This might be Arsenal’s first FA Cup final since 2005, but they’ve had chances between now and then to put an end to the trophy drought that never fails to be mentioned.
There was the Champions League final in 2006, and two Carling Cup finals (2007 and 2011), so it’s not as if they’ve been completely out of the running for titles. However, tomorrow’s showdown with Hull City provides a fantastic opportunity for them to win the first piece of silverware since they moved to the Emirates Stadium.
In many ways, it’s an ideal final. If you’d offered Arsenal fans a final against a Hull side whose two best strikers, Shane Long and Nikola Jelavic, were cup tied, they’d have bitten your hand off. And after a difficult period in which injuries to key players saw their Premier League challenge fade, bar Theo Walcott they’re not missing any first team stars.
Aaron Ramsey has returned from his three-month absence and picked up where he left off, with goals, assists, and the drive and energy that makes such a difference to this Arsenal team. The Welshman will relish the wide open spaces of Wembley, and his performance against the Tigers last month left Steve Bruce’s side floundering.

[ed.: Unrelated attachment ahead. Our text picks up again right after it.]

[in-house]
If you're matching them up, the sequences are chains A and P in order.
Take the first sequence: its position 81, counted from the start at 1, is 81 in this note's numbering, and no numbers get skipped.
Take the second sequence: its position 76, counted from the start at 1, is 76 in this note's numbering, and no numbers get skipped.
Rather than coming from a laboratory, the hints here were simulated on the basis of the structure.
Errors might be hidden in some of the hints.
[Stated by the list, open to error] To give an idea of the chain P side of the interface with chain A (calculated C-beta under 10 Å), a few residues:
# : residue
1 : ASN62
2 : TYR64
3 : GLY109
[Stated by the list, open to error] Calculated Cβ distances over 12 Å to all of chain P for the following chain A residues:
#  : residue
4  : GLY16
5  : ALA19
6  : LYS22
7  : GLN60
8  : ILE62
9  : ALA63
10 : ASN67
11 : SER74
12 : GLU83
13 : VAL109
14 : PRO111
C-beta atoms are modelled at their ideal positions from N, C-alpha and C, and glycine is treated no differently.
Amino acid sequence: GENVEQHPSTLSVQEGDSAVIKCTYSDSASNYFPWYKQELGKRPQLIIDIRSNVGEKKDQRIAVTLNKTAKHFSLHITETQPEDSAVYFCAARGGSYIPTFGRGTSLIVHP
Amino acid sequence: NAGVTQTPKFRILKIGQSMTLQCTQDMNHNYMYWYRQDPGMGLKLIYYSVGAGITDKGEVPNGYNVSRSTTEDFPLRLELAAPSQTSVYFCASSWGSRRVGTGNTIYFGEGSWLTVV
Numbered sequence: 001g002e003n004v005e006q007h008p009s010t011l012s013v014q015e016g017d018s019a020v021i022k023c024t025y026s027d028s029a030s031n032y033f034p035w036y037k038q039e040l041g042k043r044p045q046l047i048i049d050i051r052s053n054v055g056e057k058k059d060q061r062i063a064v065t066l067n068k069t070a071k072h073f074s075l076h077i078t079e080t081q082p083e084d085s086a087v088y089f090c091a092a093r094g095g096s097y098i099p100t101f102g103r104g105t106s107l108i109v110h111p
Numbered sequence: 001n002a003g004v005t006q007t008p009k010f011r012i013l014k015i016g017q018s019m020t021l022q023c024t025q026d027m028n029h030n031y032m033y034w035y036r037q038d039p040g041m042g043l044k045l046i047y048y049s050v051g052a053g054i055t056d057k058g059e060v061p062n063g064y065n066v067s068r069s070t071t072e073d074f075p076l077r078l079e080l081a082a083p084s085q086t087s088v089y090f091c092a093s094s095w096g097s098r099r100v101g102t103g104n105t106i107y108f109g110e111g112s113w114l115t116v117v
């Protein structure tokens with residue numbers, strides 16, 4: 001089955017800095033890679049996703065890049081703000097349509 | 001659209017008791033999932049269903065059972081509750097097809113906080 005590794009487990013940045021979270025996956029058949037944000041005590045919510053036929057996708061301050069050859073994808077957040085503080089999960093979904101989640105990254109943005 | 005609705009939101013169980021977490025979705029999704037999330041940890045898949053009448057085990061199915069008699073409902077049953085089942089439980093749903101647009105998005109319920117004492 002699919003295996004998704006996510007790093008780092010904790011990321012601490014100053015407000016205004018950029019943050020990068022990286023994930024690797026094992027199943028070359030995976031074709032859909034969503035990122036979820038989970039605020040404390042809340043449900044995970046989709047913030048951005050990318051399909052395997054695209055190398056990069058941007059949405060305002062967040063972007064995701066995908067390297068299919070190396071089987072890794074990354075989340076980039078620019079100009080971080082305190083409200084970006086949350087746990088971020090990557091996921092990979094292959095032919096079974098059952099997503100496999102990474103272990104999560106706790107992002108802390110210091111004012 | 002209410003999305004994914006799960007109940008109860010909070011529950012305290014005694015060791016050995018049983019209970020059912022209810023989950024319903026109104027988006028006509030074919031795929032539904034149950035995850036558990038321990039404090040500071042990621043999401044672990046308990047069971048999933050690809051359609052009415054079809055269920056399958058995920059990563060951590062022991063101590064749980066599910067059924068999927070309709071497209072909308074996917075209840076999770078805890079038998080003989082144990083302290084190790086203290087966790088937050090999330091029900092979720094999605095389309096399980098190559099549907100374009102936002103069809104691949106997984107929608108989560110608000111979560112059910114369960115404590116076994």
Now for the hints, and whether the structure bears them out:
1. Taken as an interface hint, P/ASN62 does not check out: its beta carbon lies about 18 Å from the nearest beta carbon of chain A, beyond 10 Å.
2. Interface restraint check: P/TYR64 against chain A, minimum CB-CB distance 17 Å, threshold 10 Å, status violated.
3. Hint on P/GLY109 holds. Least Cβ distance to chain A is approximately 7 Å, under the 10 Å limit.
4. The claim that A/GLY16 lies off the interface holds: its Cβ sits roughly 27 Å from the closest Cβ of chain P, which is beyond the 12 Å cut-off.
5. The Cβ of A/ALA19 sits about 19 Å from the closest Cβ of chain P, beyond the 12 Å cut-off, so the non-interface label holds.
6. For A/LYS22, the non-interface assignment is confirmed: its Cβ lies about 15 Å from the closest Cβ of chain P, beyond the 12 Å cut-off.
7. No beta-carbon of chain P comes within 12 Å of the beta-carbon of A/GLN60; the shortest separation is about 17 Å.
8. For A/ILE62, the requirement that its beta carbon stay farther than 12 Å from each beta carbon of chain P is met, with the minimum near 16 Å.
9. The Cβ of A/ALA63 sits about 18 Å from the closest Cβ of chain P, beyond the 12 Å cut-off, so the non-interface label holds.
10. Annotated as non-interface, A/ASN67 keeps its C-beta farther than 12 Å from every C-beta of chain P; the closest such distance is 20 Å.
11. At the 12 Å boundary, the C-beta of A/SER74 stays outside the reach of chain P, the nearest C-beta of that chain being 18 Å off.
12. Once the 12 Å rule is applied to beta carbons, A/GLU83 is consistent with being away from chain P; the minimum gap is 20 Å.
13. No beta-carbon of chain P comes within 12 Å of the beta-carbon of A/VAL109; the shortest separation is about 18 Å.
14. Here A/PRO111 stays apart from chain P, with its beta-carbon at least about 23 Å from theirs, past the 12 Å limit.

Mesut Ozil has, strangely in my opinion, been criticised for his displays this season, and while the former Real Madrid did suffer a dip in form, it’s blindingly obvious that the Gunners are better when he plays. He adds real craft to the way Wenger’s team performs, capable of turning a game in a single moment.
The issue of the cup final keeper is one that has dominated the back pages, but for me it should be Wojceich Szczesny in goal tomorrow. You can’t take anything away from what Lukasz Fabianski has done to get Arsenal to the final, and he was a real hero in the semi-final penalty shoot-out.
Yet, Szczesny is the number 1 keeper. He plays week in, week out in the league and in the Champions League, and it’s obvious that Wenger views him as the best keeper at the club. When you get to a cup final, you have to play your best team. There’s no room for sentiment and Fabianski would be the sentimental choice. The pragmatic choice is Szczesny, and after sharing the Golden Glove award with Petr Cech, he’ll want to cap a good season by putting the ghosts of the Birmingham cup final in 2011 to bed.
Arsenal know well that being favourites means little when it comes to games like this. They’ve experienced cup final heartbreak before, and you only need to look at what Wigan did in last season’s final against Man City to know you can take nothing for granted.
But they can feel confident, they’re a team in good form, with plenty of options and depth, and hugely motivated to put an end to the people reminding them how long it’s been since they won something.
That clock needs to be reset on Saturday at Wembley.